Sale of Puppies Debate, Westminster Hall, 21 May 2018

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A debate took place in Westminster Hall on 21 May 2018 on a petition calling for a ban on third party sales of puppies in England.The Government has issued a call for evidence on a proposed ban, which closed 2 May 2018

The petition had reached over 140,000 signatories on 17 May 2018 and states:

Removing puppies for sale from litter & mum often creates sick, traumatised, dysfunctional dogs. Puppies should be seen with their mum & transporting them to a different place for sale harms welfare. Regulating commercial 3rd party sales is ineffective to prevent harm & a ban is therefore necessary.

In response to the petition the Government highlighted the announcement in December 2017 of stricter licencing rules and conditions for anyone who breeds three or more litters a year, and those selling puppies. These will be introduced through The Animal Welfare (Licensing of Activities Involving Animals) (England) Regulations 2018, which come into force in October.This was followed in February 2018 by a call for evidence on a possible ban on commercial third party sales of puppies and kittens in England, which would mean “anyone looking to buy or adopt a dog will either deal directly with the breeder or with one of the nation’s many animal rehousing centres”. The call also highlights that less than 100 third party sellers are currently licensed in England. It refers to a lack of data on the number of puppies bought and sold each year but points to an estimated demand for 700,000 puppies a year in the PhoUK, of which 80,000 (in Great Britain) may be sold through third partyPsellers.

Previous to the Government’s proposals, the Environmental, Food and Rural Affairs (EFRA) Committee report Animal welfare in England: domestic pets, published in November 2016, made a recommendation on similar lines and concluded that:

Responsible breeders would never sell through a pet shop licence holder. The process of selling through a third party seller has an unavoidable negative impact upon the welfare of puppies. It also distances the purchaser from the environment in which their puppy was bred. Banning third party sales so that the public bought directly from breeders would bring public scrutiny to bear on breeders, thereby improving the welfare conditions of puppies. It would also bring a positive financial impact to breeders, allowing them to retain money that is currently lost in the supply chain. We acknowledge that difficulties of public access, due to a rural location, security issues and diseases, may be challenging for some breeders. On balance, however, we consider it is more important that animal welfare standards are ensured across all breeders.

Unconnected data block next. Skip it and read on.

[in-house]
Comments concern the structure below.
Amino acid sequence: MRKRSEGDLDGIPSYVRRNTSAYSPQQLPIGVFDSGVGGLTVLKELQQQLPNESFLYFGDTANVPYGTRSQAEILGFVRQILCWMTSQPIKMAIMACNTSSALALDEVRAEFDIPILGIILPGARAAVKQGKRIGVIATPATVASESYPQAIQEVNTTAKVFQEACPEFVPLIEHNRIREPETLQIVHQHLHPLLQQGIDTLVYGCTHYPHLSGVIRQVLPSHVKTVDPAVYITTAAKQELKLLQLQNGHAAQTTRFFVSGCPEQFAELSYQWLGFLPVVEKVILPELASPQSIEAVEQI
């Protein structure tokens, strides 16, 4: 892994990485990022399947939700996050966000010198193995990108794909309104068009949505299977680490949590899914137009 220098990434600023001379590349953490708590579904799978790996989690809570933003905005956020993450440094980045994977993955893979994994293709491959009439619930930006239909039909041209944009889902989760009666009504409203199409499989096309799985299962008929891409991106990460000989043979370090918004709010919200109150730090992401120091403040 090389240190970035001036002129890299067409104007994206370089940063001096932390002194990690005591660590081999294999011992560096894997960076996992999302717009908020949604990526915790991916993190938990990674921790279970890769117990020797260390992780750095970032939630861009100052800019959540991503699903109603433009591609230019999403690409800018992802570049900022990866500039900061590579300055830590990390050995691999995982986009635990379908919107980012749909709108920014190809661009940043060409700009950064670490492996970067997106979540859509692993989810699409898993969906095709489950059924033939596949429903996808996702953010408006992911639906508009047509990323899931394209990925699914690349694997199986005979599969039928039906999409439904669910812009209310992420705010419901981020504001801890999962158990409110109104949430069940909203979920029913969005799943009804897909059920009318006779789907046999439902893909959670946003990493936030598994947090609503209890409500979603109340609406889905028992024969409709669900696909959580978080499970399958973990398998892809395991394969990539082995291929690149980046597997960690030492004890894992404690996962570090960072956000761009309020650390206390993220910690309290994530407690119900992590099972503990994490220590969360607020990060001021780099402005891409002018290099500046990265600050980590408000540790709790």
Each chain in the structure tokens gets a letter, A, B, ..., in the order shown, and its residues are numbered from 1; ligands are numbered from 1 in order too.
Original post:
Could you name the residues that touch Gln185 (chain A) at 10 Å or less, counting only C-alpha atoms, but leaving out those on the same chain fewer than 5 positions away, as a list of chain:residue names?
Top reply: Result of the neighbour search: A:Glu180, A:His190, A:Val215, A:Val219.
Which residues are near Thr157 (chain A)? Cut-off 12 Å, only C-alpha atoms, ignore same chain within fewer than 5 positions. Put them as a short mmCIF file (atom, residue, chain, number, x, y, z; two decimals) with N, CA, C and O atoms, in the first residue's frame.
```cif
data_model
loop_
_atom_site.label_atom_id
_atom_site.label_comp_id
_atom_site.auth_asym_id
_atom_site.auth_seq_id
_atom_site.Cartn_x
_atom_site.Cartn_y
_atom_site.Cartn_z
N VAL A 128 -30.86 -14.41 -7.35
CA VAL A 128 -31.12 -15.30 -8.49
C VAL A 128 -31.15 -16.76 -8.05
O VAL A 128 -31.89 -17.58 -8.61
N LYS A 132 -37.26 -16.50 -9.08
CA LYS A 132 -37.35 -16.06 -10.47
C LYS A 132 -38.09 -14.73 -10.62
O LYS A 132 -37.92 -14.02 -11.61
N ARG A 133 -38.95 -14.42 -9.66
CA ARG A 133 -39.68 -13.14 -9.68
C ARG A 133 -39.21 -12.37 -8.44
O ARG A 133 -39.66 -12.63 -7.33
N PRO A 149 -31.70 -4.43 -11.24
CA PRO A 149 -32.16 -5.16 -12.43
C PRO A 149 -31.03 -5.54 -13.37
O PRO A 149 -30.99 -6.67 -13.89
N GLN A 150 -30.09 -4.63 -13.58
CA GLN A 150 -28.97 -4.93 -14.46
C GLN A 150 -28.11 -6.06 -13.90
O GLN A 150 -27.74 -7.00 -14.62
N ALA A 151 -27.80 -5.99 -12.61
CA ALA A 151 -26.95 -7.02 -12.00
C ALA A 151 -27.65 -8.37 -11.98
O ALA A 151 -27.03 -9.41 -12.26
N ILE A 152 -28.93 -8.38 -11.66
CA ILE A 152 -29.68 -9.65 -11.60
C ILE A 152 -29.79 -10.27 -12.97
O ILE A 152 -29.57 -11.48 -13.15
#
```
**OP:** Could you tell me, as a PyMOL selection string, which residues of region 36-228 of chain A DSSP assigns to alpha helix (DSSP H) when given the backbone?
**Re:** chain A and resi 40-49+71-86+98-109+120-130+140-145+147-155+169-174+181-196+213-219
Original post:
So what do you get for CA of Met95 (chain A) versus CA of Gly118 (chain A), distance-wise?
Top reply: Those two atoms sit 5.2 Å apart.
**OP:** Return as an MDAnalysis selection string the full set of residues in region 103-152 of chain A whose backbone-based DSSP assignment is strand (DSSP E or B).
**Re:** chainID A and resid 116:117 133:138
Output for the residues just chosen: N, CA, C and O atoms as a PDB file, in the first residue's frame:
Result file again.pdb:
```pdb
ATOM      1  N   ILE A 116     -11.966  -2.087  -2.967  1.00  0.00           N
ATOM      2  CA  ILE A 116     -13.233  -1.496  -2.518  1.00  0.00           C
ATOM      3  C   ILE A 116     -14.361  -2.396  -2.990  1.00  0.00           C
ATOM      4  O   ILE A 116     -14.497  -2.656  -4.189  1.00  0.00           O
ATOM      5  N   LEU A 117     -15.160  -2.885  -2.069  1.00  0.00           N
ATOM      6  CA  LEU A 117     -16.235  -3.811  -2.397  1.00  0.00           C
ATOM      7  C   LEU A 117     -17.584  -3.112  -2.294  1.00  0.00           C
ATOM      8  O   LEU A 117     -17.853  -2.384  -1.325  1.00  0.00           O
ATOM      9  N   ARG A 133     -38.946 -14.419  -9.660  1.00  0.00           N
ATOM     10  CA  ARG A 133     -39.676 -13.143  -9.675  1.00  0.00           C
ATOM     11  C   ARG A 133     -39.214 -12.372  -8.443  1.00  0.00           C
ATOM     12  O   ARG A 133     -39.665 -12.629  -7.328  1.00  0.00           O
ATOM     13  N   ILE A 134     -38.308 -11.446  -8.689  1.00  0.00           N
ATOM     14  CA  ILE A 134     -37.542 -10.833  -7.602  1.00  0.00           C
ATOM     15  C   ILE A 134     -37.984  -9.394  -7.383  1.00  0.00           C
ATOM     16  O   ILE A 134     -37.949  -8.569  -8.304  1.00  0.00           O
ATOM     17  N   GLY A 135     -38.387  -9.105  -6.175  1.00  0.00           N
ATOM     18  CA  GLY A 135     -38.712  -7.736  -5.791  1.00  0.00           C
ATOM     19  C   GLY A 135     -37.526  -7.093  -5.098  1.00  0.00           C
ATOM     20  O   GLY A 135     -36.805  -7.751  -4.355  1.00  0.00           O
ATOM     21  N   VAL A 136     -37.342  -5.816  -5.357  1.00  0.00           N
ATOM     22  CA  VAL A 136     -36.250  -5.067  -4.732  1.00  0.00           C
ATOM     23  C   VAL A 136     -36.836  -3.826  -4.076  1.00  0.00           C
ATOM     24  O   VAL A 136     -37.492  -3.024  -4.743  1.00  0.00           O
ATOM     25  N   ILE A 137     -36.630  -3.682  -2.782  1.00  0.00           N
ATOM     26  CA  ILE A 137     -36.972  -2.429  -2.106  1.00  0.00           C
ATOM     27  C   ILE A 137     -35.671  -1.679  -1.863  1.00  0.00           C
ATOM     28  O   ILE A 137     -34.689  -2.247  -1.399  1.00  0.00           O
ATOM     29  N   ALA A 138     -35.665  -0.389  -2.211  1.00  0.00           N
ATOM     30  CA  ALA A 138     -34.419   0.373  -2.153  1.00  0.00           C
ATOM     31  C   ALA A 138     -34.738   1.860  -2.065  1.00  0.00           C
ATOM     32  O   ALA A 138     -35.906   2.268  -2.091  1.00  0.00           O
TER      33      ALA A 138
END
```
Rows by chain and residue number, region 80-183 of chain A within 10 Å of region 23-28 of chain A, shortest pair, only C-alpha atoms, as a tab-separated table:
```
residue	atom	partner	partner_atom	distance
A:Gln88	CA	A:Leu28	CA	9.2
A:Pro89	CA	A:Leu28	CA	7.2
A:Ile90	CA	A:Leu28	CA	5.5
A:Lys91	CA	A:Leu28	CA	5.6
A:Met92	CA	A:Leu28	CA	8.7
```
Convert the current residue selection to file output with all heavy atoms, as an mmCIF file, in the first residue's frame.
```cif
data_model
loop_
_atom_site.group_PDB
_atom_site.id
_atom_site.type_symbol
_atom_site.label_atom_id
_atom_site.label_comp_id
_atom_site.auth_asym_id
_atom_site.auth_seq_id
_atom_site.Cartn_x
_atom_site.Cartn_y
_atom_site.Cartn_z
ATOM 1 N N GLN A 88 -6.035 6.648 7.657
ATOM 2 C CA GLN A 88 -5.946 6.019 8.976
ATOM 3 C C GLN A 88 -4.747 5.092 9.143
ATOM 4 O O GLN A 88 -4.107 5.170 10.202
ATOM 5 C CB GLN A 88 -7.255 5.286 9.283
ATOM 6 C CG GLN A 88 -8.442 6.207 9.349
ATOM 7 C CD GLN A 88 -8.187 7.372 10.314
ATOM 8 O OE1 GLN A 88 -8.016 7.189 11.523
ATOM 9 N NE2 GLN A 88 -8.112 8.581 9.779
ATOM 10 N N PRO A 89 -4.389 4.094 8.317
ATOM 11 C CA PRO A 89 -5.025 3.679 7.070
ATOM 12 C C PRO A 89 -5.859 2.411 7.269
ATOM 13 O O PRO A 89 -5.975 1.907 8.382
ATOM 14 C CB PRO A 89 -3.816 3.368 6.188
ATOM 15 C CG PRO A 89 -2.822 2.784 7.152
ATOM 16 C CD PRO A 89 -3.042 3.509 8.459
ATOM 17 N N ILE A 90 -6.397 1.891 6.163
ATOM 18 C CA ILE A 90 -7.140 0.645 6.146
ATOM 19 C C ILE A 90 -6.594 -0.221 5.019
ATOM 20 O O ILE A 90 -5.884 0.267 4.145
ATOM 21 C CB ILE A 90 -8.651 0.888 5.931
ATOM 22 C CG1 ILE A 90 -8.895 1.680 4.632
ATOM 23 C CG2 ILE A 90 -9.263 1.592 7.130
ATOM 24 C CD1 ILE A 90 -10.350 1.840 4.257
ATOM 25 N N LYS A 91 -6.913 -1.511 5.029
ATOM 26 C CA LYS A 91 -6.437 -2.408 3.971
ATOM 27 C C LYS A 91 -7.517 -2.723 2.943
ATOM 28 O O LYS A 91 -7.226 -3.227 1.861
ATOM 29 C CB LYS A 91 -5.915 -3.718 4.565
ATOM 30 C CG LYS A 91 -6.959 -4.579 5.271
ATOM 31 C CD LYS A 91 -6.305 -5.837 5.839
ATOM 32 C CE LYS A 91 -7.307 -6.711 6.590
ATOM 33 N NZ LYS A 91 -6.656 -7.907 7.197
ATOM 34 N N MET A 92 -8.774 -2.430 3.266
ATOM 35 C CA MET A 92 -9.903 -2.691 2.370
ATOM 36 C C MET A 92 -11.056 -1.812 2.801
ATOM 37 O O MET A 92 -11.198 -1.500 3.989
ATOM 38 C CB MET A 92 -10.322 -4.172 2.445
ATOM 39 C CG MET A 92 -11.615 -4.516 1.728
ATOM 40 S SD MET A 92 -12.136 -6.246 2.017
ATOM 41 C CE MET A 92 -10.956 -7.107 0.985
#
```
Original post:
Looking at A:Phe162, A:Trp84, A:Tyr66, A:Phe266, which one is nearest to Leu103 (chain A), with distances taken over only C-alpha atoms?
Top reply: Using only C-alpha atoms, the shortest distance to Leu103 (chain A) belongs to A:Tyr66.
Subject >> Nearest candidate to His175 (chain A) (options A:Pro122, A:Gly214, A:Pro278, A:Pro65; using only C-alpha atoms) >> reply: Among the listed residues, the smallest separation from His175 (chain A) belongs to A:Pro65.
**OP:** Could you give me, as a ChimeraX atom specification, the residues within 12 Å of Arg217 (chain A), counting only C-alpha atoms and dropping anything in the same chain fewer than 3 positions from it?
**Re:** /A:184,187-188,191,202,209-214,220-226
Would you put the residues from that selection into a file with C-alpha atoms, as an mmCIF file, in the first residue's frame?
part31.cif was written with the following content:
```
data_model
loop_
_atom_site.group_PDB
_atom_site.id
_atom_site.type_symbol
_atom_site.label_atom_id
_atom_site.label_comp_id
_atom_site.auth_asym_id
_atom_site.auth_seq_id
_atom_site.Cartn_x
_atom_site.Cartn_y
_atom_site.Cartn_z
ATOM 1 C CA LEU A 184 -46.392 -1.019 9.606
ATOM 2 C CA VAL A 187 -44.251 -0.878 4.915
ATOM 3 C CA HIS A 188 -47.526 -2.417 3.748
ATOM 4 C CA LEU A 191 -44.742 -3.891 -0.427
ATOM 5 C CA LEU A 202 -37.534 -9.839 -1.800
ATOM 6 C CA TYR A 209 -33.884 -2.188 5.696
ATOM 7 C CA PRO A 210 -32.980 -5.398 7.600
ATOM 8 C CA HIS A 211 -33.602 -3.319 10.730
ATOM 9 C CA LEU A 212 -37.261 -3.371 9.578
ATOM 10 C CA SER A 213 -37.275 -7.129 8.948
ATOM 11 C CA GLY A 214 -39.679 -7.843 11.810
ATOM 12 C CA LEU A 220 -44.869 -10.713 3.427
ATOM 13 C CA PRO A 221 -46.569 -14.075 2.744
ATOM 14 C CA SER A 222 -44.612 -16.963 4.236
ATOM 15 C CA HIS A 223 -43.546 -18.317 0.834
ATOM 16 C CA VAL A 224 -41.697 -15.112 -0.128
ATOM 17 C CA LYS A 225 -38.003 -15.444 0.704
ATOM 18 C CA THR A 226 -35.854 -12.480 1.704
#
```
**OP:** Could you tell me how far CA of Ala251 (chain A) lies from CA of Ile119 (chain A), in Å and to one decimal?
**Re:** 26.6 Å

The wide range of estimates of the number of puppies sold in the UK was also discussed during EFRA Committee inquiry. The Committee recommended that the Government ban third party sales of dogs and that dogs should “only be available from licensed, regulated breeders or approved rehoming organisations”.

There was strong support amongst MPs for a ban known as Lucy’s Law.

The Hansard notes of the debate:

Conservative Animal Welfare Foundation supports Lucy’s Law

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Photo shows MPs Martyn Day,  Lisa Cameron, Ross Thomson, Andrea Jenkyns with  Vet Marc Abraham,  Peter Egan and many  representatives of organisations campaigning for the ban including our Co-founder

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